To me, any article or news piece that draws a parallel between that type of behavior and the type of grassroots movement that has grown up around the conscious eating effort is both misguided and somewhat inflammatory. Oh, certainly the author doesn’t mean to inflame anyone; there’s no ill will intended, as far as I can tell. But there is already so much of a divide between the “eating classes” in our society that I’m very aware of any potential to increase the Us vs. Them mentality. Let’s face it: this conscious eating business is often the province of the “haves,” rather than the “have nots,” simply because of our agricultural, commercial, and economic systems; and as far as the public discourse, it’s becoming, to my chagrin, a symbol of so-called “liberal elitism” to be a farmer’s market-shopping, food-dye avoiding, GMO-hating eater.
It shouldn’t be this way. In my mind, wanting the best possible quality in our food supply to nourish our bodies and our childrens’ bodies is not the province of any particular socio-economic class, political affiliation, religious community, or any other “type” of people. Yet, as with any movement towards real, sweeping change, this one has incited deep passions in many people; and as accusations of “Nanny States” and “socialism” and other, uglier sentiments swirl around those of us who follow Pollan, Bittman, Nestle, et al, I can’t help but think that we need more unified and civil discourse, not more reasons to point fingers at one another in scorn and mistrust.
It’s no more a “disorder” to eliminate processed foods and artificial colors than it is to feed yourself or your kids on a steady diet of fast food, Lunchables, neon yogurt tubes, and Twinkies; yet we may choose to pathologize one of these lifestyle choices while vaguely and confusingly muttering about “moderation” in the other. We haven’t got a clue how to talk about these things clearly and with a tone of civility, so we fall back on the old human pattern of vilifying that which we simply don’t understand. And when we do so, we run the risk of not only stalling our own movement towards change; we also dangerously muddy the waters by minimizing the very real challenges that are faced by people who do, legitimately and painfully, struggle with eating disorders of all types.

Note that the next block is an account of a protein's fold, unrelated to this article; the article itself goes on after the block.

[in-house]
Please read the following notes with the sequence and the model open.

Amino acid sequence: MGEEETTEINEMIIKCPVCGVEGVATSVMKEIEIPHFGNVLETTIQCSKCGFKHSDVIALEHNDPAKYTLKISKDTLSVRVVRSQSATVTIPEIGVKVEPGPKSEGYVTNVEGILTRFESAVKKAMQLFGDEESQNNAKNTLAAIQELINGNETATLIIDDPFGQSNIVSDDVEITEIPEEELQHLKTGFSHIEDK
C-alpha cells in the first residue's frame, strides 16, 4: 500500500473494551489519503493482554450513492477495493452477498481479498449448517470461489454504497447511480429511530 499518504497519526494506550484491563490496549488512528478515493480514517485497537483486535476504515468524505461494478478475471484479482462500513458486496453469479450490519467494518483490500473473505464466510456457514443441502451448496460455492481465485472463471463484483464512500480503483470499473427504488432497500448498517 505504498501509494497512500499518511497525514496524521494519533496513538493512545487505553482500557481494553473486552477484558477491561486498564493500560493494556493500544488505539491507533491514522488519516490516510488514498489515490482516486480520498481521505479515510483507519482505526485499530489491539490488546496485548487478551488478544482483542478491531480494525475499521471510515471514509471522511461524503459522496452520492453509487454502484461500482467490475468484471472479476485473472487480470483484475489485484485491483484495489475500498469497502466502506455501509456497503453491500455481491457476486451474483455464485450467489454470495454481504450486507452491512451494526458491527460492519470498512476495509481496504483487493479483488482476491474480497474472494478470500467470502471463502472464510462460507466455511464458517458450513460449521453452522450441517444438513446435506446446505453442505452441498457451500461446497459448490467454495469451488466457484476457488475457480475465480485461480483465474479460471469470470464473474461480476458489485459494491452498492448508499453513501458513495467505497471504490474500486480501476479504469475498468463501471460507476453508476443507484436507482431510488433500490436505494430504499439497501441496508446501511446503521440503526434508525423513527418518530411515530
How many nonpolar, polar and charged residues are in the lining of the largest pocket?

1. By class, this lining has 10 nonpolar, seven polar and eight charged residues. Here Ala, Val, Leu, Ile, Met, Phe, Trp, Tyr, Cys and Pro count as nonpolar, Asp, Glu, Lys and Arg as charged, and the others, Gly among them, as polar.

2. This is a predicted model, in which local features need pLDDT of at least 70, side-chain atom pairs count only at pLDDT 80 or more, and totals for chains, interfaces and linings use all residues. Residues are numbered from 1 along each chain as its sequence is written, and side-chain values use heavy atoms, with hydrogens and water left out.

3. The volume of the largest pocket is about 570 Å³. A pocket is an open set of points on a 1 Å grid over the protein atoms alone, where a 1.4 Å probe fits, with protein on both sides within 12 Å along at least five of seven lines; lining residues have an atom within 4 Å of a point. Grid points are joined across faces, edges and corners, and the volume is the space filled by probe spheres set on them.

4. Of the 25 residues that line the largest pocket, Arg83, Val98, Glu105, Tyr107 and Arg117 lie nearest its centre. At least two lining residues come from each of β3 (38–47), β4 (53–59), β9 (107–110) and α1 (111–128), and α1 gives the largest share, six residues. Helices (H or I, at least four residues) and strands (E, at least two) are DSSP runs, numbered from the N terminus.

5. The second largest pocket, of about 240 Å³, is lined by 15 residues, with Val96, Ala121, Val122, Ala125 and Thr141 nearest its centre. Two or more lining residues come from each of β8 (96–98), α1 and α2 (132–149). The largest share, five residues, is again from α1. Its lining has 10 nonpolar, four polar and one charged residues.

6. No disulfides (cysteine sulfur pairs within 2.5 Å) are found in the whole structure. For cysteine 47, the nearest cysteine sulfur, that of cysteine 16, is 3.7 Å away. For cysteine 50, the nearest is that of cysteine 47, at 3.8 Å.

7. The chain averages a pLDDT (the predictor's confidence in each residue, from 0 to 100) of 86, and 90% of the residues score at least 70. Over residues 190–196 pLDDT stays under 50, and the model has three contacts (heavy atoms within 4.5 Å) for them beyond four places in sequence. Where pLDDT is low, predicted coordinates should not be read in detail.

I know of what I speak. I take this very personally, not because I think there’s intentional misrepresentation going on, but because I believe strongly in shades of gray. Somewhere between conscious eating, orthorexia, and anorexia, there are tipping points. I know all too well where mine are. I hope all my fellow conscious eaters know where theirs are. But before we get to those moments of crisis — long before — we’re striving to get to a place of true balance for ourselves, our health, our children, our environment. Let’s not allow careless reporting to diminish the challenges faced by any of us — those struggling with real eating disorders, and those struggling to illuminate the Great National Eating Disorder that’s consuming us all.